The RE0 are similar to the RE-ZERO by all accounts. Here's a graph of the RE0 I made (I recently got them), you can use it to compare with the other phones here
I find its bass just right but that means it's got much less bass than almost everything on my review list. Except the etys.
Here's my EQ file for the MH1C:
Here, everybody, make this your next audio purchase:
It's the deal of the century and they won't back out I swear!
Well, I found a not perfect way to EQ system-wide that is MUCH easier than going the VST route... though the EQ isn't as tailored though it will help reduce some of the boom on the MH1C to bring out the highs and will probably help clip out some of the highs when I get the RE0's to bring in some warmth. If you have a Realtek audio chip on your Mobo, you download the Realtek 2.7 drivers, install them, then run the Realtek HD Audio Manager. In here is a system-wide EQ. Unfortunately you can't pick any other frequencies besides the ones given: 31 62 125 250 500 1k 2k 4k 8k 16k. Still, its better than no EQ at all.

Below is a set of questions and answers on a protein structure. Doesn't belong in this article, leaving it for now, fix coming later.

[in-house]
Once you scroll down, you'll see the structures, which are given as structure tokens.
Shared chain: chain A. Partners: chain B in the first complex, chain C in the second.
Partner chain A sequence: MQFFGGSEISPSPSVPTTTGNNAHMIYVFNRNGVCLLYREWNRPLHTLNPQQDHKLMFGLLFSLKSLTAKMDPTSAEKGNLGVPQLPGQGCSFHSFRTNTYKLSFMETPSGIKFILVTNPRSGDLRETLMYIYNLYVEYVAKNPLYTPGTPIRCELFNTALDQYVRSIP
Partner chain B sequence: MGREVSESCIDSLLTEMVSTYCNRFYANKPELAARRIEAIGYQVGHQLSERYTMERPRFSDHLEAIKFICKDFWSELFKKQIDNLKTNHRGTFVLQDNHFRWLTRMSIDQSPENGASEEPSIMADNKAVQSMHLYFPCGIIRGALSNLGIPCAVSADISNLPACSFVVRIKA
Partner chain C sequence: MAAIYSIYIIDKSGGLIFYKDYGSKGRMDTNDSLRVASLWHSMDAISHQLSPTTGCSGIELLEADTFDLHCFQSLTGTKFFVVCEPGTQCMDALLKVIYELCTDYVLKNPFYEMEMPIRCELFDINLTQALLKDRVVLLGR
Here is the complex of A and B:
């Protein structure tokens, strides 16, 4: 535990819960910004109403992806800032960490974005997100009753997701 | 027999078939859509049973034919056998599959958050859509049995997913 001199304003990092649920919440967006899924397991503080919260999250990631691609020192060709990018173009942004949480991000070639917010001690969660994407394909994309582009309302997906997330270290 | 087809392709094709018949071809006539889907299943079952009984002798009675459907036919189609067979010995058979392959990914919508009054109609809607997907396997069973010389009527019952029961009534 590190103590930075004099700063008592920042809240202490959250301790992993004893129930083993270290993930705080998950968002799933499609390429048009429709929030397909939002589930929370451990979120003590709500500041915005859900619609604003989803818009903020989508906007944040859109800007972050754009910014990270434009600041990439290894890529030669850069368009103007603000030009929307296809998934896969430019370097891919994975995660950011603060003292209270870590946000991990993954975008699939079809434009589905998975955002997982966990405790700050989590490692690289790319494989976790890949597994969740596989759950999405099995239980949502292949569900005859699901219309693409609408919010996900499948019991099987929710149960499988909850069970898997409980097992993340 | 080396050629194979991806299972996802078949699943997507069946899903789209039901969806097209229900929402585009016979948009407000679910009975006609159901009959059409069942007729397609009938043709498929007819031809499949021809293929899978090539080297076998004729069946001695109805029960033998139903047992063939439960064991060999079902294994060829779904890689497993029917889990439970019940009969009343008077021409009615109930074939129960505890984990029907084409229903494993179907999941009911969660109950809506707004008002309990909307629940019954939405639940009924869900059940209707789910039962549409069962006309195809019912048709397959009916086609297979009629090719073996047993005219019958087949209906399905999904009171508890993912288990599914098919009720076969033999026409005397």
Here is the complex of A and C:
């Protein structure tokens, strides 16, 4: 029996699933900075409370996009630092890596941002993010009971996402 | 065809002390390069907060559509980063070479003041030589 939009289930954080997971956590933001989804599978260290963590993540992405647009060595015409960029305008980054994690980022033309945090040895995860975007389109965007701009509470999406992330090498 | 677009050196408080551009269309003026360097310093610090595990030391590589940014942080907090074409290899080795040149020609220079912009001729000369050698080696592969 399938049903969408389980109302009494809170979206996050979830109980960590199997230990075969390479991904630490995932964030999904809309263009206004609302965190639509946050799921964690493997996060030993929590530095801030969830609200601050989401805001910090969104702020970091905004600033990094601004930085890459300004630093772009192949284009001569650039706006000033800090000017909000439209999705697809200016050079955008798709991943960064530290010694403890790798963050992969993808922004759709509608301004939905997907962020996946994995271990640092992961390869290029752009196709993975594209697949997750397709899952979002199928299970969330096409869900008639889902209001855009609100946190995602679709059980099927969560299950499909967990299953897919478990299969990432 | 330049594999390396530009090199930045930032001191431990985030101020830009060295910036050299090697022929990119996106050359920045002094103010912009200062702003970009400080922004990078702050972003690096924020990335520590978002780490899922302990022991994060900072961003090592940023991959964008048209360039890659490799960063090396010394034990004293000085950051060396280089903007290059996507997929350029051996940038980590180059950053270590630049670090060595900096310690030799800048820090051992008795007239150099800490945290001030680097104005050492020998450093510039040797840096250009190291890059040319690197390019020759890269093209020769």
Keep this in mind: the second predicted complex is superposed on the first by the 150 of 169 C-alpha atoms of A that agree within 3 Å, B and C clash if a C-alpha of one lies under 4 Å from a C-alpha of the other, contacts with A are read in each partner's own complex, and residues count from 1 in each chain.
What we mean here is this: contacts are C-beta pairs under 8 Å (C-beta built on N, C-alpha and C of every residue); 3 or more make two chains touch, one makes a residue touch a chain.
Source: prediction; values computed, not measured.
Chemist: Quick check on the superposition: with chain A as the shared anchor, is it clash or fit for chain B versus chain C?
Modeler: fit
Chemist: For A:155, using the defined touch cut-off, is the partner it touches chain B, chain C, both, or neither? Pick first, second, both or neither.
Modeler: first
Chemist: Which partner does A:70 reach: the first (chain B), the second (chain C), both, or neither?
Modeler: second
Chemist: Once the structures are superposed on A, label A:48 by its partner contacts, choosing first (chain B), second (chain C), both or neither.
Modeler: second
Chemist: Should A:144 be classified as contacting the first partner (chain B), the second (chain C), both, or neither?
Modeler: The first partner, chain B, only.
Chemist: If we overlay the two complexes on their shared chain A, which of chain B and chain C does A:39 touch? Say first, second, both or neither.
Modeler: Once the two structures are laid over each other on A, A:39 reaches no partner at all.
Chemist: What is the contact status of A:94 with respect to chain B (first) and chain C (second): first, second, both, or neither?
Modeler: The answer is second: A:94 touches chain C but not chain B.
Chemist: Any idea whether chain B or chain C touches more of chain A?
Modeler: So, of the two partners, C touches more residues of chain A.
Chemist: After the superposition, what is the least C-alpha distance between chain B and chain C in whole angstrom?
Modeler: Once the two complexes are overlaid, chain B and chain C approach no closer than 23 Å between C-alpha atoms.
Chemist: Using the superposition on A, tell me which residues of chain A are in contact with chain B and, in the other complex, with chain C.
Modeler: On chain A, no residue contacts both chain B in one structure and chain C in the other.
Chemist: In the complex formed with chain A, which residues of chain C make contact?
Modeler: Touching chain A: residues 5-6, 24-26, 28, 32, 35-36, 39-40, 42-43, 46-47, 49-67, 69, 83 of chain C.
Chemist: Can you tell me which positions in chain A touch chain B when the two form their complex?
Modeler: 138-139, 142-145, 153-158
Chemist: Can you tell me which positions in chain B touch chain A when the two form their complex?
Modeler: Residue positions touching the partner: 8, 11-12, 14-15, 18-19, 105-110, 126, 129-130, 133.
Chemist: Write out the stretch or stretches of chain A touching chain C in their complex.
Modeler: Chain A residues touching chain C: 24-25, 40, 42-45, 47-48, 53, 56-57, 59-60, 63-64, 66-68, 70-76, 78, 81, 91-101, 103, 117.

Joe, good stuff! Budget IEMs reviews wouldn't be complete without the infamous Monoprice 8320 (MEP-933). I thought I found the good enough IEM (7.5 by joker should be good enough for me:) for my casual listening needs as the 8320 fits my ears perfectly. I love the open and airy feel and the relatively balanced and clean sound. However there seem to be a peak around 5khz that causes certain female vocal to sound hard and metallic, which bothers me a lot. A song that exhibit the issue is Adele's Rolling in the deep (the back up vocal is especially unbearable). The treble "smear" (lack of high end detail) also leaves much to be desired. I suck at EQ as I can't seem to fix the hard edge. Can you do a review with the graphs and EQ for the 8320 as well?
BTW, I just got the Sony MH1c ($26 shipped) based on the good things I heard here. It's exactly what you described: just EQ the bass down a little and it sounds almost perfect... I think it should get a score of 8.8 without EQ (after a few hours burn-in) and 9.1 after EQ. EQ essential changes the sound signature to personal preference. No amount of EQ can fix the inherent THD and resolution issues in the driver.
R-50 has got better soundstage in width, better treble, very smooth and not much brightness, particularly very non-fatiguing for me, Rest of em all, MH1C owns it.